Baghdad, Oct. 28 (Reuters): A suicide bomber killed himself and at least four more people in Iraq today as Faris al-Assam, the deputy mayor of Baghdad, was killed in a drive-by shooting on Sunday night, the US-led occupying coalition said today.
They said Faris al-Assam was near his home in the capital when the killers struck.
The latest of a wave of suicide bombers blew up his small car outside a school 100 metres from a police station in the town of Falluja west of Baghdad, in the “Sunni Triangle” where resistance to US occupation is stiffest.
US soldiers sealed off the area after the blast, which set cars ablaze and scattered body parts across the street. A bloodied corpse lay by a lamp post covered in a blue blanket. Police initially said the bomber and four civilians had died. Hospital officials later put the toll at six, including the attacker. Suicide bombers attacked three stations of the US-backed police force in Baghdad yesterday, along with the headquarters of the International Committee of the Red Cross (ICRC).
The ICRC’s scrupulous political neutrality was no protection against a campaign of violence which seems to have been launched against not only US forces, officials and Iraqis working with them, but foreign organisations of any kind.
Spokeswoman Nada Doumani said the ICRC was weighing its response to the mayhem but would not leave Iraq after 23 years of continuous work through three wars.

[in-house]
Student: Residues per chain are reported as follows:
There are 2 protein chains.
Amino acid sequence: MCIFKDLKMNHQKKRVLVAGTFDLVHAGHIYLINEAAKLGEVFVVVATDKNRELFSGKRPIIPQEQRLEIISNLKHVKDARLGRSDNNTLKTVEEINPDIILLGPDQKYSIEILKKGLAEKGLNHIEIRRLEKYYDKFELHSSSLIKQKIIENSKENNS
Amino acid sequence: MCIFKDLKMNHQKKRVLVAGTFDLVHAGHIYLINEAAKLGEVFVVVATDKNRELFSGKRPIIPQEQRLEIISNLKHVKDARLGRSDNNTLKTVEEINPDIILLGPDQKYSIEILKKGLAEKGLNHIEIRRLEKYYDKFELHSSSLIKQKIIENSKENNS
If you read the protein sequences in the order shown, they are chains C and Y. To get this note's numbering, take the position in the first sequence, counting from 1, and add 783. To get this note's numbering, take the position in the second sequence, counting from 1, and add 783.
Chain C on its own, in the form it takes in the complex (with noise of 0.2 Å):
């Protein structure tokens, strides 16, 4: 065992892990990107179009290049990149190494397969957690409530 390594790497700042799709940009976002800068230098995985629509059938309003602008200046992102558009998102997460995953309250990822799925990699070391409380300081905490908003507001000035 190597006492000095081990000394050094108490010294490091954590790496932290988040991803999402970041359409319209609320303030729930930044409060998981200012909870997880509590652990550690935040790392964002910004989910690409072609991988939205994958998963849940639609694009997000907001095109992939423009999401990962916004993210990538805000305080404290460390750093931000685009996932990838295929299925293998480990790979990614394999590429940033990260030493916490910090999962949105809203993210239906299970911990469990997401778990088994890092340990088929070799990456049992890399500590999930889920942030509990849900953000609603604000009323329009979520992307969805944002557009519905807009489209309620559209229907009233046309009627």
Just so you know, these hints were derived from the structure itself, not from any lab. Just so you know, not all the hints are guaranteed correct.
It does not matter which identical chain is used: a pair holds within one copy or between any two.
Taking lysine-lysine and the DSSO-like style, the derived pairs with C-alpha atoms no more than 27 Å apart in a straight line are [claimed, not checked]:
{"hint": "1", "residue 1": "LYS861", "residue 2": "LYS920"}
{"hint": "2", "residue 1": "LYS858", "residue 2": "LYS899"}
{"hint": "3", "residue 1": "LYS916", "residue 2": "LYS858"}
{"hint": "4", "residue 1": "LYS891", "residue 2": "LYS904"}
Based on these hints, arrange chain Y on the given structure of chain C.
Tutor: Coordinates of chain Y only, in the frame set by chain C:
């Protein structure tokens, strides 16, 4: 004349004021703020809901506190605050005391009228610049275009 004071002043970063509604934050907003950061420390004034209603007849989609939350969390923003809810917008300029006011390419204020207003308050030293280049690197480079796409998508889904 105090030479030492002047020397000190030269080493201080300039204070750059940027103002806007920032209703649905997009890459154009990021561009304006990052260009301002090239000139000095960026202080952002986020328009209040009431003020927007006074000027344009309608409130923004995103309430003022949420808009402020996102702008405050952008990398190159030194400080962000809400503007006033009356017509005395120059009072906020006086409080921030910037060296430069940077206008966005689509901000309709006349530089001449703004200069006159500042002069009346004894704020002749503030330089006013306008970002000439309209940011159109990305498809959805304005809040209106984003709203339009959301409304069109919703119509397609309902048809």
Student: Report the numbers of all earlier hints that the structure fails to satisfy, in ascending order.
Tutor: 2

“Today is a day of mourning for us,” she said. Many ICRC staff were at the funerals today of two colleagues who were among 12 people killed outside the Red Cross offices.
A spokeswoman at ICRC headquarters in Geneva said the review of its presence in Iraq would focus on Baghdad, because other parts of the country were safer.
Other humanitarian agencies were also trying to balance the urge to pursue their mission against the dangers of doing so.
“Definitely some of our people will be leaving Iraq,” Marc Joolens, operations coordinator for medical charity Medecins Sans Frontieres, said. “It’s a difficult decision because there are needs, but there are also great risks.” US troops and Iraqis were still collecting body parts around the blasted Red Cross offices early today.
In Mosul, an Iraqi newspaper editor, Ahmed Shawkat, who had written articles criticising radical Islamists, was found shot dead in his office in mid-morning, journalists said.
His attacker or attackers escaped undetected.